Otherwise, I love using Atom. It’s my Mac development environment of choice, alongside all the additional plugins I’ve added to make my life easier.
How did you get into adtech, and where might you go from here?
I studied Computing Science at university but after graduating went into digital marketing, so I suppose my career has always been a blend of advertising and technology. I tipped over from being a marketing professional into fully-fledged adtech simply by realising that marketing needed more technology if it was going to be successful. With the rise of ad-blockers, brands need innovative ways to track the impact of their online advertising to avoid budget wastage. It’s the whole premise behind Adimo.
As for what’s next, I’ll focus on building up Adimo and exploring new channels. I certainly think there’s a lot of potential in augmented and virtual reality for add-to-basket tech, so I imagine I may be spend the next few months wearing a headset.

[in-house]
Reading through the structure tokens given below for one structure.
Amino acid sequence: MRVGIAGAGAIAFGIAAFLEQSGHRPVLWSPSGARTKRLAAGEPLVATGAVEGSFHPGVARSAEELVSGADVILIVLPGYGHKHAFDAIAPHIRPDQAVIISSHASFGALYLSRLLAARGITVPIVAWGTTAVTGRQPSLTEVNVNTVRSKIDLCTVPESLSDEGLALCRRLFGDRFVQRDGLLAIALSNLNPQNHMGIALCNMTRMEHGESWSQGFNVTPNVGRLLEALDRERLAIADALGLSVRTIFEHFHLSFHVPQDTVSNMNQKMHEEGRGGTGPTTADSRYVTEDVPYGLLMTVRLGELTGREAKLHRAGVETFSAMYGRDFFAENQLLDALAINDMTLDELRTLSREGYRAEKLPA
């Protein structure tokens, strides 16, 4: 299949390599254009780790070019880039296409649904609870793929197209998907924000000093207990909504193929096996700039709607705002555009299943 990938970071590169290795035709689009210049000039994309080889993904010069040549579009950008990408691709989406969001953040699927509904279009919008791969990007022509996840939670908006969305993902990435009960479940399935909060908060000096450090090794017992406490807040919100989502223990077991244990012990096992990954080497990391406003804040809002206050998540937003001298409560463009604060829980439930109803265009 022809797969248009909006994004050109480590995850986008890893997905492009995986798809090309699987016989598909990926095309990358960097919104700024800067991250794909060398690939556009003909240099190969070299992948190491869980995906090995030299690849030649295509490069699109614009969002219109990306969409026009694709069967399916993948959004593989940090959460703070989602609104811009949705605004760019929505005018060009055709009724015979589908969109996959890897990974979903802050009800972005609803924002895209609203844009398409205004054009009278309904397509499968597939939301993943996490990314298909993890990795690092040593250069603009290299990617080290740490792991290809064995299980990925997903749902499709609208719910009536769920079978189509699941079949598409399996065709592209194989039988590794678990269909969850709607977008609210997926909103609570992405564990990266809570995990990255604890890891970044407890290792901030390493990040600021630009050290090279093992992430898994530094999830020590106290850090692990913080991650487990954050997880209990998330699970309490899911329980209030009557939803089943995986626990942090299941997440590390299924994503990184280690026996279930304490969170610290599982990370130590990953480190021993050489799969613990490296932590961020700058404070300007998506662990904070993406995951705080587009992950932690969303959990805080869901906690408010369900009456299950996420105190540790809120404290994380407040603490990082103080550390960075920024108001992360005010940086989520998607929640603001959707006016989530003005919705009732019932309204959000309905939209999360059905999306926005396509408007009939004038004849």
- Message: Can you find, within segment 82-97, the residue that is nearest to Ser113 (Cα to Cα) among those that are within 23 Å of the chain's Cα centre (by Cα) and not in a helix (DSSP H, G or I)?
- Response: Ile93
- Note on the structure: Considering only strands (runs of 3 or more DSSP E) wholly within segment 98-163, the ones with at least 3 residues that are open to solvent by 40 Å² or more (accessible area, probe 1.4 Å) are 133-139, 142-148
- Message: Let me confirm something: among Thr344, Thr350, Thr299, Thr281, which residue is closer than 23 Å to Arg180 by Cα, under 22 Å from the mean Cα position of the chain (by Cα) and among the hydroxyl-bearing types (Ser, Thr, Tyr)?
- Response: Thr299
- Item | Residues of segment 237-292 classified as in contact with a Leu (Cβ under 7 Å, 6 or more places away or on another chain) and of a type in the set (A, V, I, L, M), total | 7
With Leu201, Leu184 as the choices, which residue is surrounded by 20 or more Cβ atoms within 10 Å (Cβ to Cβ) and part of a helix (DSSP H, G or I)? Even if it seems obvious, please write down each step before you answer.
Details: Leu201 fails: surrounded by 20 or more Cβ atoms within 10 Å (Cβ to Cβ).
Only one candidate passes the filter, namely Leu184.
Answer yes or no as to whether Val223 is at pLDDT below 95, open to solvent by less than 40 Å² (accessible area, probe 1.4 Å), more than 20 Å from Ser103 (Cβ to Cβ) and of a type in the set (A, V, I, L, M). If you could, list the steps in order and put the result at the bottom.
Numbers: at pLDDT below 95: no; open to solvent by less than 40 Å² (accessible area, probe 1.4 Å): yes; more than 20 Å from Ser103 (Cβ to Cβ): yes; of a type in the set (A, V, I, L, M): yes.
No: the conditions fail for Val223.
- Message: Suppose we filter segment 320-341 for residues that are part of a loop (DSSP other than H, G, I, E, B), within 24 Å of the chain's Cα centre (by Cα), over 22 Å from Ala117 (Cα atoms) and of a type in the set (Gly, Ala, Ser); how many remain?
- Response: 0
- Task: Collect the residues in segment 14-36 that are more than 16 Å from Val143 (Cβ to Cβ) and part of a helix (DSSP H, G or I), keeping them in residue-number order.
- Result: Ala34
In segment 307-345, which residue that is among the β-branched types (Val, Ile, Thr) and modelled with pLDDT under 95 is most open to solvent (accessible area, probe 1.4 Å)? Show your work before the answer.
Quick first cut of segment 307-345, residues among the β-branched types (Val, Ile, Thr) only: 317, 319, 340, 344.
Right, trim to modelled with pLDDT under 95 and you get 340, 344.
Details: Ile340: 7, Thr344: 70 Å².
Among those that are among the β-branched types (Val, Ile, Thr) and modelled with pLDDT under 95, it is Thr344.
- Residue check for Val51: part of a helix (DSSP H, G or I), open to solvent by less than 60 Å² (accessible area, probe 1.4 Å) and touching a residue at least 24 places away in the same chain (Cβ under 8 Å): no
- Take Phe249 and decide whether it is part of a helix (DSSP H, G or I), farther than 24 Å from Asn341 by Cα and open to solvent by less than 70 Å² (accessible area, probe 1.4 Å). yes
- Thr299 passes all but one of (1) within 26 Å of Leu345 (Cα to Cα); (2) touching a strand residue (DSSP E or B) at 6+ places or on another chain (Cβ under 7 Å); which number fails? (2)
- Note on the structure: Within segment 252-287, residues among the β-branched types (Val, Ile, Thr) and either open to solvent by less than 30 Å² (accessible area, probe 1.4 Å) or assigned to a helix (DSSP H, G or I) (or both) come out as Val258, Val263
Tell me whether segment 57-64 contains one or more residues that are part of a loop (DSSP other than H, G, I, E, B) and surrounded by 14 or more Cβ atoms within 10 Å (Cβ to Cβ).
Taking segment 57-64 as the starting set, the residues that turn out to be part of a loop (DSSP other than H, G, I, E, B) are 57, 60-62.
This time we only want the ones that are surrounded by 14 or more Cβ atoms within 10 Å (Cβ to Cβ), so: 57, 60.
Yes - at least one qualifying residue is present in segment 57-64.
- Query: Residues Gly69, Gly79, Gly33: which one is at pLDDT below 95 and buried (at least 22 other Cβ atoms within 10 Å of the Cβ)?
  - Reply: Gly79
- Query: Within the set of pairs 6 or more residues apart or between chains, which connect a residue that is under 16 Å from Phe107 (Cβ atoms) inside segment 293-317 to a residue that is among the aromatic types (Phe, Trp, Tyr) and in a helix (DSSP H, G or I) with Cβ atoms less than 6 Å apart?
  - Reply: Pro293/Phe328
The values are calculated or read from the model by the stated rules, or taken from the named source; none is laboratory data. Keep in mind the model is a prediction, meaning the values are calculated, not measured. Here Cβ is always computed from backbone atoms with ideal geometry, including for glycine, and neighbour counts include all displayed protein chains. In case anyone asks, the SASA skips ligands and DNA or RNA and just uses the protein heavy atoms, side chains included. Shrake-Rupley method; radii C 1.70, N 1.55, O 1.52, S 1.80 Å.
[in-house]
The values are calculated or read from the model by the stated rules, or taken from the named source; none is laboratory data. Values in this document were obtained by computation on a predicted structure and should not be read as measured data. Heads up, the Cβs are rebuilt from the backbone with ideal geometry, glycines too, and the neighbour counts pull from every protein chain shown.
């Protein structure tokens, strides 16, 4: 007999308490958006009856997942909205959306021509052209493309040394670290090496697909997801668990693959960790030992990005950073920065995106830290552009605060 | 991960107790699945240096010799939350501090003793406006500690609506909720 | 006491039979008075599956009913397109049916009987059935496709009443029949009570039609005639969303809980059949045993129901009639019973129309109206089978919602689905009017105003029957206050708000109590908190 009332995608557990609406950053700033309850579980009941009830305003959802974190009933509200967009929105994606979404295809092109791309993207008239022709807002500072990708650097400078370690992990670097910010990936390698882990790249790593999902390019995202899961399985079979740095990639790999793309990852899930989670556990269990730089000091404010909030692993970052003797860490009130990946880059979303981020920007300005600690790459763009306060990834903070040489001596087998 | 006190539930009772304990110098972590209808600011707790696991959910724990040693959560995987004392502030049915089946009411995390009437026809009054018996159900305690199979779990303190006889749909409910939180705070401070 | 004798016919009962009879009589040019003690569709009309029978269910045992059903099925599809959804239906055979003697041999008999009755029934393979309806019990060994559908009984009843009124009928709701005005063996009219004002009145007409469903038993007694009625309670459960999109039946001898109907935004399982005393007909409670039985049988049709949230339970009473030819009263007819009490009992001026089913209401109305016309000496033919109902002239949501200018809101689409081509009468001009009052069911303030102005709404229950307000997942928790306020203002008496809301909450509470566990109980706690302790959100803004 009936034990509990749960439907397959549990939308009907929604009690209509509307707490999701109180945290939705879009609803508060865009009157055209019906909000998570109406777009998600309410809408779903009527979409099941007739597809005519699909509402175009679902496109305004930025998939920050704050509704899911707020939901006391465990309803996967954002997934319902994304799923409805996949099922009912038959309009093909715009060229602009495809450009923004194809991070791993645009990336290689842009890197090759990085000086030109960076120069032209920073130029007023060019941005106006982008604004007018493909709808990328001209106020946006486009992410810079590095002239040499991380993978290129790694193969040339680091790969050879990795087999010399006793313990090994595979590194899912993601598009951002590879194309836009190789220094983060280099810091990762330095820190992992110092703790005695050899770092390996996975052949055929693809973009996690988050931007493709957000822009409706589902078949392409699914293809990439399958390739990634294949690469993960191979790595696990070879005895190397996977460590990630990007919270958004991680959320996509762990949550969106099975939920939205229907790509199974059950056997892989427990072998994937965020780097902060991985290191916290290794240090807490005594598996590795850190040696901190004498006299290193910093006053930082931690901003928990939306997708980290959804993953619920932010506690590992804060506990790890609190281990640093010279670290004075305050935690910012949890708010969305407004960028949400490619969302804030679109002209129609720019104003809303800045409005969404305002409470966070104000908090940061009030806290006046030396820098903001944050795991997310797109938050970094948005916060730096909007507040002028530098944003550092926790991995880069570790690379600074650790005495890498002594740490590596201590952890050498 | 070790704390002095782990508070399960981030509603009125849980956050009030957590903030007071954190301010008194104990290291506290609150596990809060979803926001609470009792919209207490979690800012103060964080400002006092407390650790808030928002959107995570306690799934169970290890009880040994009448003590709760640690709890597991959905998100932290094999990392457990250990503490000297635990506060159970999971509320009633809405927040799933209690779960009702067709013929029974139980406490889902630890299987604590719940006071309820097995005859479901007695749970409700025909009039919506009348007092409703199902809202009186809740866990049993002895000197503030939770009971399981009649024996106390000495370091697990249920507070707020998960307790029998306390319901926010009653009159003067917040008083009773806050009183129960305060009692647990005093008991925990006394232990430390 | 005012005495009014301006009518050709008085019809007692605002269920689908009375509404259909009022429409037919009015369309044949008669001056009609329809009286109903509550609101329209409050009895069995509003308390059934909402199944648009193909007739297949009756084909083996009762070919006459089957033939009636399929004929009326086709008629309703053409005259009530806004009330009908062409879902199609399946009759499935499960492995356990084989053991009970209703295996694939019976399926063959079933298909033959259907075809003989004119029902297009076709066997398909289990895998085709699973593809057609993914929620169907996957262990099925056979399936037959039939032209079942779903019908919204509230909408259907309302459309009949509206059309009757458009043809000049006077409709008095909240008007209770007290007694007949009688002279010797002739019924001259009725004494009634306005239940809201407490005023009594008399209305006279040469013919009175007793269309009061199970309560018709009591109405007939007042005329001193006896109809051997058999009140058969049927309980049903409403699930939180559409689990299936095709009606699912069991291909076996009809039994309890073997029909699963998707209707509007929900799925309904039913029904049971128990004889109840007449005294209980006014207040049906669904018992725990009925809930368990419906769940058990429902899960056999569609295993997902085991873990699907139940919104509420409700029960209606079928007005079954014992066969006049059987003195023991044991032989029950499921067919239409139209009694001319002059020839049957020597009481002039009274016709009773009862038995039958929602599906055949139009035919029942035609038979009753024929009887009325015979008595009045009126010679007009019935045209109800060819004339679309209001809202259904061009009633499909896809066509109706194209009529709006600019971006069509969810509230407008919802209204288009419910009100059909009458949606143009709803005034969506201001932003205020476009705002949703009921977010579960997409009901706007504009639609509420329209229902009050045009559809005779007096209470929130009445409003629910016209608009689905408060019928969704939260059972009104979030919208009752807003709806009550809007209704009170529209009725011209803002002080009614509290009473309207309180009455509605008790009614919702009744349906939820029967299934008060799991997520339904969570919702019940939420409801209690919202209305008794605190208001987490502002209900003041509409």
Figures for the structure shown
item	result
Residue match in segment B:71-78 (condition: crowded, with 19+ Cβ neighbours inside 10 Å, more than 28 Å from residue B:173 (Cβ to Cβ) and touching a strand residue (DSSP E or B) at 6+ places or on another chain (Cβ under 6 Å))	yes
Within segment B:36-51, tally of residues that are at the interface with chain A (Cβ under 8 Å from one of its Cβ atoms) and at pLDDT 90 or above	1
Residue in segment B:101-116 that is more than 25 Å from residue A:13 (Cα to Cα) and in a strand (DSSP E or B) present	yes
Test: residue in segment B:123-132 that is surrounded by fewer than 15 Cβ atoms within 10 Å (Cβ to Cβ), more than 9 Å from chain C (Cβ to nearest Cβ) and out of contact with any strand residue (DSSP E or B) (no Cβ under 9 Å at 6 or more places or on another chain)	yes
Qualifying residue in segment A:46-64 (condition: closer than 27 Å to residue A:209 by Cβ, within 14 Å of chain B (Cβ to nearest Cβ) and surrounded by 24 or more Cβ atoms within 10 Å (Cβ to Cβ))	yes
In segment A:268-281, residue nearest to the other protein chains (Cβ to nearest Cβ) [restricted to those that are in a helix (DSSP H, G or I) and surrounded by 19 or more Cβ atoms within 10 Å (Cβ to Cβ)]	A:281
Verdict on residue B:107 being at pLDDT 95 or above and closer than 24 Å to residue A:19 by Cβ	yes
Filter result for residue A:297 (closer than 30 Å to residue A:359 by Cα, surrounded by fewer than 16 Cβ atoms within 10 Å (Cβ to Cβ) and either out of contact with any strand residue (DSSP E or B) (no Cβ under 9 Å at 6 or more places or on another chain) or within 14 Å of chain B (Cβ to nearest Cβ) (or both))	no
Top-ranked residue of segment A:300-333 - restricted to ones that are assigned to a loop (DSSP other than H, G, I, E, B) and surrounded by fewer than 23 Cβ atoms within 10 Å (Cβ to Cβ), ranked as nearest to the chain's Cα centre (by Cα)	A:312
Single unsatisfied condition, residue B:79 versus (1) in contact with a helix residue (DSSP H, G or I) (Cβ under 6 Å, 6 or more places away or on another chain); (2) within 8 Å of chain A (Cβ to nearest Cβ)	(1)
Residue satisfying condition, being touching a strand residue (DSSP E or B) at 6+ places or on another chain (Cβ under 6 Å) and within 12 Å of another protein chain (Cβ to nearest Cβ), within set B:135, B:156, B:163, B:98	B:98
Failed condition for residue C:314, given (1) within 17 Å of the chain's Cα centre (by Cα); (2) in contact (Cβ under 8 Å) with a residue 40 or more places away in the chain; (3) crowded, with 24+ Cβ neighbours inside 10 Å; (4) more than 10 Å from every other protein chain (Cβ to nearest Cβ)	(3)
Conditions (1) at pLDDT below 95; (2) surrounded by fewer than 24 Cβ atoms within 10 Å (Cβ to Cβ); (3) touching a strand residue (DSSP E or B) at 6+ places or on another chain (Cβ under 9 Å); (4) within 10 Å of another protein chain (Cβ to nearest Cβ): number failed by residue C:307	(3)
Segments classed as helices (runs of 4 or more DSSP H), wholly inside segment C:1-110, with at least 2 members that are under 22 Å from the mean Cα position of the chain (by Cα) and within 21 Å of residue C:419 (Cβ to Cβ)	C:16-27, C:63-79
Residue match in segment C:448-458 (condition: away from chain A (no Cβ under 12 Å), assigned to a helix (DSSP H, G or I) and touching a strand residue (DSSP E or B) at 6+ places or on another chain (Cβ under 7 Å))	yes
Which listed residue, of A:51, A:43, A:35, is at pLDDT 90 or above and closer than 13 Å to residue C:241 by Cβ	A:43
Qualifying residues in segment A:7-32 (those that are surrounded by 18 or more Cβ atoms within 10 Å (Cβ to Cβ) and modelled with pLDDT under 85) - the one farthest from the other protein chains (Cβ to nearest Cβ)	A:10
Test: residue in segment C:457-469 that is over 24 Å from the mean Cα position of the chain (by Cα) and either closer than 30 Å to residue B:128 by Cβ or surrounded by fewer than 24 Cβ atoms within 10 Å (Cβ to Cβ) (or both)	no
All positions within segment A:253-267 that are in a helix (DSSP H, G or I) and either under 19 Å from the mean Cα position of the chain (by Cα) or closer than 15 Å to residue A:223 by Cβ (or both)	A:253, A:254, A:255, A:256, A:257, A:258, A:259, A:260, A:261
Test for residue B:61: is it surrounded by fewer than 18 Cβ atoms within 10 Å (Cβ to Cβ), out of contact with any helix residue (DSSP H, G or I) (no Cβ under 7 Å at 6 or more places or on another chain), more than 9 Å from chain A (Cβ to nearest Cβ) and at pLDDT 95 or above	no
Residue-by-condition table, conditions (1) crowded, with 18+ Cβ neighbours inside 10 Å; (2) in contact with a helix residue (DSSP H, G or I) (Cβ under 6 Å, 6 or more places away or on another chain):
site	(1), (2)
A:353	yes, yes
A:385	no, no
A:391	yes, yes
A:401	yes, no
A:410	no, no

Which brands do you think are doing display/video advertising well?
I liked the Ted Baker shoppable video campaign from the start of the year, as it allowed you to click on the separate tags to immediately browse and shop that particular range. This kind of interactive video is becoming a fascinating marketing medium that gives customers engaging content while also enabling them to shop without leaving the publisher’s website. I think we’ll be seeing a lot more of this in near future.
Do you have any advice for people who want to work in adtech?
Be a geek about what you do, even if you’re not in a dedicated technical role. The best people I’ve worked with are those that enjoy what they do and are interested enough that they don’t just work on it nine to five. Of course you should always be focused on your current campaign, but do try and save some time for side project that interest you, as you never quite know what it’ll turn into. Mine evolved into a business!